“Moving is sad,” my ten-year-old told me. “We have so many memories in that house.”
It was true. We did. And it was.
Four years ago, when we moved into the home we recently said goodbye to, both she and her twelve-year-old sister could stand under the bar-height countertop in our kitchen without bumping their heads. Not so when we left. Now they’re both taller than it. Our third grader learned how to read, write, and spell there. And our youngest, who’s now five, mastered the art of walking and talking.
As adults, most of us know from experience how hard it is to say goodbye to something we love. We’ve all had to grieve the traumatic death of a person, the leaving of a place, or the losing of a thing. As much as we’d prefer to shield our kids from the sting of it, we can’t. Loss is an unavoidable part of life.
So how can you and I help our kids process grief in a healthy way? Here are three things we do at our house that may prove helpful to you too.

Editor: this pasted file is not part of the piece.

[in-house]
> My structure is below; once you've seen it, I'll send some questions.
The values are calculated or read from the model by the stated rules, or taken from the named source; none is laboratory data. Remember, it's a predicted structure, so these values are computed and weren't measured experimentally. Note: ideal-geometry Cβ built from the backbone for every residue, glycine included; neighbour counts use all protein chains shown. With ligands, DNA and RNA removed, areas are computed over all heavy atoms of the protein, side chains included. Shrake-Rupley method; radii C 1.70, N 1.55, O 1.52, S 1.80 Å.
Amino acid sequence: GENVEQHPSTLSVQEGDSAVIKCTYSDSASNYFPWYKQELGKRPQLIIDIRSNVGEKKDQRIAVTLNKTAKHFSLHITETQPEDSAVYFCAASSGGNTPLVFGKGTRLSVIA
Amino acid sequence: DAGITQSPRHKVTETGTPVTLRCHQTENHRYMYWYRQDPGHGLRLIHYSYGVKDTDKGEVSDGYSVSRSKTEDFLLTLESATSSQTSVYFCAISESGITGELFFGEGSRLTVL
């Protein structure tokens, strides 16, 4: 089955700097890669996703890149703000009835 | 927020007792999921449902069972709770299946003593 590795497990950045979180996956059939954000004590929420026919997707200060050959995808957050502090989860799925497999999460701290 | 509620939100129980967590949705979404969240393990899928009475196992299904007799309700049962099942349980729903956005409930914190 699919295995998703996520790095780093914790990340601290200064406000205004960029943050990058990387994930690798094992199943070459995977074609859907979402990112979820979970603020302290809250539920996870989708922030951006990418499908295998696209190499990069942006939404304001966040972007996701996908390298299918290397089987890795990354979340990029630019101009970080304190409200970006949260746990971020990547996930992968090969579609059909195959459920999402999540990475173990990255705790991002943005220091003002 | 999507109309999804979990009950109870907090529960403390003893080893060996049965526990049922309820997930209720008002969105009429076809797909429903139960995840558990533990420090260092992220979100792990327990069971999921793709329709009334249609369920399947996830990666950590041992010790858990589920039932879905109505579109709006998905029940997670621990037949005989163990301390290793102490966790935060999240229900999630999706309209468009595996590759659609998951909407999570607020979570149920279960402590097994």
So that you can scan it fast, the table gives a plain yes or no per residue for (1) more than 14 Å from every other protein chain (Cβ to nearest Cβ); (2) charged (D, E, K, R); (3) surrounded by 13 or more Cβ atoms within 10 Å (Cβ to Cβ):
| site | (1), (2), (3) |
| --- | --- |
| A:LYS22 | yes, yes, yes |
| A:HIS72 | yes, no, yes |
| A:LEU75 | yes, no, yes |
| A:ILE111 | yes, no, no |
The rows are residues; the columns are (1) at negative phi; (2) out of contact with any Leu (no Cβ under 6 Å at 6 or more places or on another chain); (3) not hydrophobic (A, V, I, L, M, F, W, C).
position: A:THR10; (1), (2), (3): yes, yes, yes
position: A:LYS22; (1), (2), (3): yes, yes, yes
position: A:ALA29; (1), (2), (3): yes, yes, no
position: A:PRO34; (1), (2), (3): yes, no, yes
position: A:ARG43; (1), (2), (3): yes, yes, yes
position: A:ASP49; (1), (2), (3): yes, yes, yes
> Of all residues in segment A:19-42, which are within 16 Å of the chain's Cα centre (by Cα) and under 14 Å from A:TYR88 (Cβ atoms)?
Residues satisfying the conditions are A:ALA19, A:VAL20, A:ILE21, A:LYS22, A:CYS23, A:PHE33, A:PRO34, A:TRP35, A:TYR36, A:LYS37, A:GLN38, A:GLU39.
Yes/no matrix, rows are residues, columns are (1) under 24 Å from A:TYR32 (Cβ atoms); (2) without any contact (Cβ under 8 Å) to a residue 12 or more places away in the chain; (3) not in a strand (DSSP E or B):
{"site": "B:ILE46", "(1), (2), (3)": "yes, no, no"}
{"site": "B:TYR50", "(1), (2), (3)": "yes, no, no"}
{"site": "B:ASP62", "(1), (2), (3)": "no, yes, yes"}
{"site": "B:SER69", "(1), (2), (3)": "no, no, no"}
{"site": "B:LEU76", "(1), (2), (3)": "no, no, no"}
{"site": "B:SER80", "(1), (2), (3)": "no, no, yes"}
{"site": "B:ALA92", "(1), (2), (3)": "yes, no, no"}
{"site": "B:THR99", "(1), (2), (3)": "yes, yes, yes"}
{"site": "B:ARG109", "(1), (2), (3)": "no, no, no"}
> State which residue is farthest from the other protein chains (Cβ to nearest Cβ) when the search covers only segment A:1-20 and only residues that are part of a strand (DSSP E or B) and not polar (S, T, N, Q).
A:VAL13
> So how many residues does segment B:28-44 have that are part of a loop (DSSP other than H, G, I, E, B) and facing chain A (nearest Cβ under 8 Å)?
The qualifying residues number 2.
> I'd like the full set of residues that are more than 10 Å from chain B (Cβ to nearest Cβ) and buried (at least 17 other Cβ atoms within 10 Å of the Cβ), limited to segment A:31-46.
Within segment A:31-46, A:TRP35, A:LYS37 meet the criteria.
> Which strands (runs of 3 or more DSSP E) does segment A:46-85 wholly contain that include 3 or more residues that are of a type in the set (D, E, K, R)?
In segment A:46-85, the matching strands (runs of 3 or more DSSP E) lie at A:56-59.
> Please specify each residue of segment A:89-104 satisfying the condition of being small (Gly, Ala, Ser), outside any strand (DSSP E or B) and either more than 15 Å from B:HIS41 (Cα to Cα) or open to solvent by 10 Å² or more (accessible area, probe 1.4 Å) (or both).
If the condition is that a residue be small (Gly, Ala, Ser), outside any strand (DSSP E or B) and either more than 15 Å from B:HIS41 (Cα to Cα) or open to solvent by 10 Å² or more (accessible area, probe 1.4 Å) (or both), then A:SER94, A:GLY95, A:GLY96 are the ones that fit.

1. Model “The How” for Them
Think back to how you learned to ride a bike or do a cartwheel. Someone modeled it for you, right? They showed you how. While kids don’t need to be taught to feel sadness, they do need to be shown how to process it in a way that helps them work through it.
For us, this means grieving openly and vulnerably as parents. Today I woke up longing to feel at home – to have a sense of belonging – in our new house. It’s something I don’t yet have. Instead of internalizing this, I shared it with my kids. It provided them with the opportunity to express similar sentiments. We then unpacked the magnetic fridge alphabet letters and the girls begin to spell out the words “our family” and all of our names on the fridge. Together, we sought to take one step closer to making this new house feel like home.